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Gifting and the holiday season

Gifting and the holiday season

December 6, 2012

With the holiday season upon us, it is important to remember why NCRA focuses so strongly on educating court reporters, attorneys, and other legal professionals on the subject of incentive gift-giving.  While many offices will likely be inundated with desserts, gift baskets, fruit, and other small thank you gifts during the month of December, the ethical implications often associated with such gift giving should be kept in mind as the year draws to a close.

Based on NCRA’s Code of Professional Ethics, the association limits the total amount of gifts that court reporters can give to attorneys and their staff to $100 per year. This allows court reporters and court reporting firms to thank clients for their business for the year while preventing excessive gifts, which can sometimes result in the appearance of a quid pro quo.  This policy is an important aspect of the profession given that court reporters serve as impartial guardians of the record, and it would be detrimental to that perception if legal professionals thought of the gift as an exchange for a favor that should come back at some point.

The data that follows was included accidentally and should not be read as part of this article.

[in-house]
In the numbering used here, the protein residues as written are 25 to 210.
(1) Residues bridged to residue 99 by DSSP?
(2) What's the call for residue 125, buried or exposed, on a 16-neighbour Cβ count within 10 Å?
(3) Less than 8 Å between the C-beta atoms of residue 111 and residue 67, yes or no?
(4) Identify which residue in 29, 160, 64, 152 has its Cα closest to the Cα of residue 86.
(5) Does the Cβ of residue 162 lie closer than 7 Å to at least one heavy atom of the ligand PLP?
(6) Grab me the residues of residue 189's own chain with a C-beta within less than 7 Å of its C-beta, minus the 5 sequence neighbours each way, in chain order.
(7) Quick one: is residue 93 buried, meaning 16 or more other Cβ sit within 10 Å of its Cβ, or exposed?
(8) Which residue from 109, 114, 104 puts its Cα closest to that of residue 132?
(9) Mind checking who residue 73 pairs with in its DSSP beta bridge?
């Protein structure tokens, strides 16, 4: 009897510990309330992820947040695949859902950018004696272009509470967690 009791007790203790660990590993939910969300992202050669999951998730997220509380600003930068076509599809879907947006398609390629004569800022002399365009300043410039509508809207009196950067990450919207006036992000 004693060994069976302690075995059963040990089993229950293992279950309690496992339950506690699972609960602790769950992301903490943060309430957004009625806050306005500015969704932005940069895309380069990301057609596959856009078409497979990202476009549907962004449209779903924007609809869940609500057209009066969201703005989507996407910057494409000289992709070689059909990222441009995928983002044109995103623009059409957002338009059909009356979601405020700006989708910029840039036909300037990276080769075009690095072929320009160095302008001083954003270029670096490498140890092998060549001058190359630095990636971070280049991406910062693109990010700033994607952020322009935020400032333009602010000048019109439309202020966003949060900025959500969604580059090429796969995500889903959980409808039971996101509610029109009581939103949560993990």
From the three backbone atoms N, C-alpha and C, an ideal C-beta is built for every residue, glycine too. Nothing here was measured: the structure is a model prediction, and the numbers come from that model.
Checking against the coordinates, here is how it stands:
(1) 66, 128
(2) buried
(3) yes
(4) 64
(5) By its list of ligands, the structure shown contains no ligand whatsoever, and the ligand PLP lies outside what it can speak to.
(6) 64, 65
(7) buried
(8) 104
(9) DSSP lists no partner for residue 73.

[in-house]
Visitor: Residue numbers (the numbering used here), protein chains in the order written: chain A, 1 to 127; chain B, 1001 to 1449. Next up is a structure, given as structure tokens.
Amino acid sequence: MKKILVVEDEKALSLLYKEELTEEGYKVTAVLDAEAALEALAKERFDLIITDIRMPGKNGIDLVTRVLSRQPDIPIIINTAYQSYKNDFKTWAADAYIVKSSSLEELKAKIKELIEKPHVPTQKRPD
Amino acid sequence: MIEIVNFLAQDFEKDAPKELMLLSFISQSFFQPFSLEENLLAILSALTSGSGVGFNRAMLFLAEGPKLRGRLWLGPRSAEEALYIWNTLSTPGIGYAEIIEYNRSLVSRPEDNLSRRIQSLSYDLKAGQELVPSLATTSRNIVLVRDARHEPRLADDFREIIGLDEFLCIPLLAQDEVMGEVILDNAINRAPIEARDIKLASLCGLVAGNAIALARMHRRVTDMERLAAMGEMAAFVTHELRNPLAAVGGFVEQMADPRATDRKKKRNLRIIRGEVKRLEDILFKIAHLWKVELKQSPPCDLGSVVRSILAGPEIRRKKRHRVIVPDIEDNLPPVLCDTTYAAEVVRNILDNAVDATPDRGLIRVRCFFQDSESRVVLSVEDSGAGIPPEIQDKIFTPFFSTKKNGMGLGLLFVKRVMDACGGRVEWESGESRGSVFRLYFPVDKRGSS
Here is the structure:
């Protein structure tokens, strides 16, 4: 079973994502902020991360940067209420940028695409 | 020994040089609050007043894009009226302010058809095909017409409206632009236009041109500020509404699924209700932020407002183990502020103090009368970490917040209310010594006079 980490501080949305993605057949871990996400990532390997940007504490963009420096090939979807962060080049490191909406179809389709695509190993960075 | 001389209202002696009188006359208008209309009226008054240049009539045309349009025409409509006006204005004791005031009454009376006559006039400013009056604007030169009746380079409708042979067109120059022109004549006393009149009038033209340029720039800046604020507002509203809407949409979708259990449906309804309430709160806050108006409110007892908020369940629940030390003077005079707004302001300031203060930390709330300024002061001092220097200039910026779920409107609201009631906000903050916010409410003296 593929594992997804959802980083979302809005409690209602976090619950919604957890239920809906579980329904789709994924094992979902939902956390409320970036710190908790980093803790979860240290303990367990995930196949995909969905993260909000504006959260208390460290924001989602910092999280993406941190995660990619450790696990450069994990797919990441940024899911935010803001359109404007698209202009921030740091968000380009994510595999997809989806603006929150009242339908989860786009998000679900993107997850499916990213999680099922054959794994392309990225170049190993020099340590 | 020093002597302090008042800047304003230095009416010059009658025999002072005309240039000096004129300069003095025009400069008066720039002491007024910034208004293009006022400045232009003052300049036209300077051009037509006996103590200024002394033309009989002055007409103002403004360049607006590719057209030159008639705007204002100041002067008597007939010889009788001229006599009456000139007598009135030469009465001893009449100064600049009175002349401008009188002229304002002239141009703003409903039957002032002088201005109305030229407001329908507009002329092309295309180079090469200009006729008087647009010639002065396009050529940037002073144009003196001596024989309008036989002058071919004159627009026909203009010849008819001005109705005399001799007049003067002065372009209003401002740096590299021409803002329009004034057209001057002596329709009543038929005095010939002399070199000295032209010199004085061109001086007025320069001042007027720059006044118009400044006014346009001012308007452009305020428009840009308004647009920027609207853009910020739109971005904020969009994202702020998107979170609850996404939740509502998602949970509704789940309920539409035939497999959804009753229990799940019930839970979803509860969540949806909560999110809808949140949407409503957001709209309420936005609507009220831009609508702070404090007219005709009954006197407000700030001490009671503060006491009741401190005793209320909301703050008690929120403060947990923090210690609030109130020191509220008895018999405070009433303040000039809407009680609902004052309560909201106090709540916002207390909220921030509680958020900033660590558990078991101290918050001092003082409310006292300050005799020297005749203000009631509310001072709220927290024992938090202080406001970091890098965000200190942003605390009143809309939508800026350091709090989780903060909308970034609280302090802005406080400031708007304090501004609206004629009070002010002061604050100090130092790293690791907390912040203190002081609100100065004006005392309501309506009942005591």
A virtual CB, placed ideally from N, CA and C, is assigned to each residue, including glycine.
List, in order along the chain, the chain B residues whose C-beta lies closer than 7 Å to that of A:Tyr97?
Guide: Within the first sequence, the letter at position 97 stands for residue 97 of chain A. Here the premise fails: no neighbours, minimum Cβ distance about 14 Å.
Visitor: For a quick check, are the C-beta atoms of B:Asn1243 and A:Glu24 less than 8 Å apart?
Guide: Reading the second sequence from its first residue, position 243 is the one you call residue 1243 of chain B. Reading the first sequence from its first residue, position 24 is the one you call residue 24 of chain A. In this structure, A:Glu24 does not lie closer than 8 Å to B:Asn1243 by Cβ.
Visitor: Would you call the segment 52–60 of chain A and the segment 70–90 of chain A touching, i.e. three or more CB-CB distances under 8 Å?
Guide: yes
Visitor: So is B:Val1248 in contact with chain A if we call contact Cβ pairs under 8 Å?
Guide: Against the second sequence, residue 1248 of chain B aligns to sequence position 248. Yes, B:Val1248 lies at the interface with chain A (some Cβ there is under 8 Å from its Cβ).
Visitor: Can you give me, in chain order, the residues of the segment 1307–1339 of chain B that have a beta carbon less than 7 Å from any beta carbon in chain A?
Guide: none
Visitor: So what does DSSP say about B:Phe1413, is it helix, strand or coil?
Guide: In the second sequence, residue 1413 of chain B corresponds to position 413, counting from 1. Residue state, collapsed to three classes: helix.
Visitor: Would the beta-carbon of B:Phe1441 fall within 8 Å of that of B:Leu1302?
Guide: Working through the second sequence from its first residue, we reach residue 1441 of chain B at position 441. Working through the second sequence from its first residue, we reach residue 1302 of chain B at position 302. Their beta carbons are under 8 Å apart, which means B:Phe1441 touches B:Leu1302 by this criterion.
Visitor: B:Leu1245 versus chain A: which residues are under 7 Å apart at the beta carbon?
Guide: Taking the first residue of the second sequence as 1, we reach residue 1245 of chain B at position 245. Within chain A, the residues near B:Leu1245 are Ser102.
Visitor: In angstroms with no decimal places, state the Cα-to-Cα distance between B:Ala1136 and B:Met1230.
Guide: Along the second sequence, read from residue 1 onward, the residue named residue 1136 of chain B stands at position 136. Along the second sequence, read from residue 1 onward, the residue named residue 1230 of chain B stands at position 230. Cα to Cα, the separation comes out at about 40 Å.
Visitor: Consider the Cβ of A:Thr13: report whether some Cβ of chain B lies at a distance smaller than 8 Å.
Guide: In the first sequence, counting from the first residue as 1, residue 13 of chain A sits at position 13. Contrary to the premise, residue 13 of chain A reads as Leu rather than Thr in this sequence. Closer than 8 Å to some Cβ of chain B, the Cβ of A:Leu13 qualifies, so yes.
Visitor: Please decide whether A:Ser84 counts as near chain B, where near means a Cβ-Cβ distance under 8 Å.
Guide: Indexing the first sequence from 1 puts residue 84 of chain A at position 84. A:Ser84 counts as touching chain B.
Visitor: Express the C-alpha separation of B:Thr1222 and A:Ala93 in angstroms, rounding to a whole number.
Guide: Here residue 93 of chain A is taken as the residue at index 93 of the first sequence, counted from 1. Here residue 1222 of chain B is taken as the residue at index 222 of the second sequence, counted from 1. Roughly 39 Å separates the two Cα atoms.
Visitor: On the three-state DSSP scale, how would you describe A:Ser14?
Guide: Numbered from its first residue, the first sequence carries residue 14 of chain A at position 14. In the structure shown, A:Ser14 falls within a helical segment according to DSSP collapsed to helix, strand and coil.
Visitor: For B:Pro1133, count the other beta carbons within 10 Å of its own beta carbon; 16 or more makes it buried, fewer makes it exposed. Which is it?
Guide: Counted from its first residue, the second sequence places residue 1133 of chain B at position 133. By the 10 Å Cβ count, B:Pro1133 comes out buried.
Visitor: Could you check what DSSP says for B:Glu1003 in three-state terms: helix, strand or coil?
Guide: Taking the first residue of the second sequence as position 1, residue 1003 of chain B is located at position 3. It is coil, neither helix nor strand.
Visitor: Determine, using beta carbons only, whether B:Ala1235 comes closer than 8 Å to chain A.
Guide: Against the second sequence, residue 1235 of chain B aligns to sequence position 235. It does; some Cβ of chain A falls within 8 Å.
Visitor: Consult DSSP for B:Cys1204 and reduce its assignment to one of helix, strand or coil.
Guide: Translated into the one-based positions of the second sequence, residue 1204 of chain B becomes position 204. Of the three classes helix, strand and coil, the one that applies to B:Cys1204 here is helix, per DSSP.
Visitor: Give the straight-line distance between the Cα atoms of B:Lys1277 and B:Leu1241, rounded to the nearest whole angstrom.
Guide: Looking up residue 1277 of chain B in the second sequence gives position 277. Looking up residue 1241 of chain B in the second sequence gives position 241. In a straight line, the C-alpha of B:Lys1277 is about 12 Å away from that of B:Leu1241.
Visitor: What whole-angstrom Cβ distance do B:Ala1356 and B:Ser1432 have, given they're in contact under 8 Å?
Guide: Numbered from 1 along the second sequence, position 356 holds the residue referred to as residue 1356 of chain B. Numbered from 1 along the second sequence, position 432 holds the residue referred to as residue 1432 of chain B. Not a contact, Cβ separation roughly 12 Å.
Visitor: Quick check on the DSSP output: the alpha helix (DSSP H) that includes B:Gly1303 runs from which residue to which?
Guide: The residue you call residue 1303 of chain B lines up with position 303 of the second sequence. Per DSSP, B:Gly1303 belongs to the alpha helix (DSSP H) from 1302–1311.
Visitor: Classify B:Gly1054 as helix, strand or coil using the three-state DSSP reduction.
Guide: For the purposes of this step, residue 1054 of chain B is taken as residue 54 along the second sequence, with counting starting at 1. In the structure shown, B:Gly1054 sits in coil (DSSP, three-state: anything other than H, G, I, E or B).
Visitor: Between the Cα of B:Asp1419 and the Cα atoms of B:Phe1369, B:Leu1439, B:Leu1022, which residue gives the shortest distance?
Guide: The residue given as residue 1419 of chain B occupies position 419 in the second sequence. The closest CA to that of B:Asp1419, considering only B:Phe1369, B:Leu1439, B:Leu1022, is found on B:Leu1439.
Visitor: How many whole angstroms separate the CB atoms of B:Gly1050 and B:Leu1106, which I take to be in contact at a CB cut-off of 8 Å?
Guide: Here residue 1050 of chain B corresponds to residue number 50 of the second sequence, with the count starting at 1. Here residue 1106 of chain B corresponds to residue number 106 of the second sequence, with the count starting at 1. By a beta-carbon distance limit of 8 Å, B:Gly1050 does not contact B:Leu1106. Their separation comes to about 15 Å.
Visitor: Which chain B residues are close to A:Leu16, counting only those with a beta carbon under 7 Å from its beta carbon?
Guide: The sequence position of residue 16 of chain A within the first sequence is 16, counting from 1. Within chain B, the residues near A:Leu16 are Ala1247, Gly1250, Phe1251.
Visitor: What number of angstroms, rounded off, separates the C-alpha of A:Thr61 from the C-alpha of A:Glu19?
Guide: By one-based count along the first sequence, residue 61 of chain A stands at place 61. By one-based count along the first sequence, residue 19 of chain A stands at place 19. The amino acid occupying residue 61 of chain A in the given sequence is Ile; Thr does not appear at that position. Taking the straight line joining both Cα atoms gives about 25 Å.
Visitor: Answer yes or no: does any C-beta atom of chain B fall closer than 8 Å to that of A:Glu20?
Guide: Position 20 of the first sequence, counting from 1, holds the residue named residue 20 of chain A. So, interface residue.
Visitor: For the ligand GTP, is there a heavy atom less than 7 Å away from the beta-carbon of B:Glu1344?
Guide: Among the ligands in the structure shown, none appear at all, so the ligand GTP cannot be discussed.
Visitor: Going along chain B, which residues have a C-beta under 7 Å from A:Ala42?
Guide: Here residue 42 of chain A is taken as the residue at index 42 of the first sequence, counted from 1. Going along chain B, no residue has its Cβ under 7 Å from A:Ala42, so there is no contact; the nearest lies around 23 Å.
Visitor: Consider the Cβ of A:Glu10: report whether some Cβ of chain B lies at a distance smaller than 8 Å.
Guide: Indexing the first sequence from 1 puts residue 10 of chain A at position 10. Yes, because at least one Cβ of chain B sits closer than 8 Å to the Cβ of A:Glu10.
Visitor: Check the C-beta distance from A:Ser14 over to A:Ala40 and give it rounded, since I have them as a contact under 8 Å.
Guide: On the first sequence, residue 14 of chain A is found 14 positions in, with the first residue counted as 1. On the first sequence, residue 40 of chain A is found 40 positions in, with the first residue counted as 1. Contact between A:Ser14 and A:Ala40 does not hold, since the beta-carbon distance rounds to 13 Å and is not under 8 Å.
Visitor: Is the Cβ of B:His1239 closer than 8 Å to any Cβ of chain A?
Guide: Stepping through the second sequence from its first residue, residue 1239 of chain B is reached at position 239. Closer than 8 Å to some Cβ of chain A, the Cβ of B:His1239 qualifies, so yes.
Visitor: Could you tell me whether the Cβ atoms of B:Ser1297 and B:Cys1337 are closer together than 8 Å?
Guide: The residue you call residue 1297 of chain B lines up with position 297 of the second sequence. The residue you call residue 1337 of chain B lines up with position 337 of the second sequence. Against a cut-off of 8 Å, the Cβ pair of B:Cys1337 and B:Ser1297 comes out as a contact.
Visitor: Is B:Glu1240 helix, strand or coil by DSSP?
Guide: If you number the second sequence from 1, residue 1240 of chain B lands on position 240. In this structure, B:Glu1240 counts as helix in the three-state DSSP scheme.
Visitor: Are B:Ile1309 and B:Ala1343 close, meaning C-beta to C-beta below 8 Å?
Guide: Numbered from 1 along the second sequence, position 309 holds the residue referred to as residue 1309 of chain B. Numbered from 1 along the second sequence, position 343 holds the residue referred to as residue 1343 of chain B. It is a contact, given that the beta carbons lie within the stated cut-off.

Similarly, NCRA’s policy does not allow court reporters or court reporting firms to provide incentive gifts in exchange for future work as this can potentially hurt public faith in America’s judicial norms and give a party to a proceeding the idea that the court reporter may not truly be a neutral actor.

As a reminder, NCRA’s Code of Professional Ethics states:

A member shall refrain from giving, directly or indirectly, any gift or anything of value to attorneys or their staff, other clients or their staff, or any other persons or entities associated with any litigation, which exceeds $100 in the aggregate per recipient each year. Nothing offered in exchange for future work is permissible, regardless of its value. Pro bono services as defined by the NCRA Guidelines for Professional Practice or by applicable state and local laws, rules and regulations are permissible in any amount.

To wrap up 2012 on a professional note, keep the ethics policy in mind and don’t hesitate to contact the Ethics First Task Force with any questions. Happy holidays!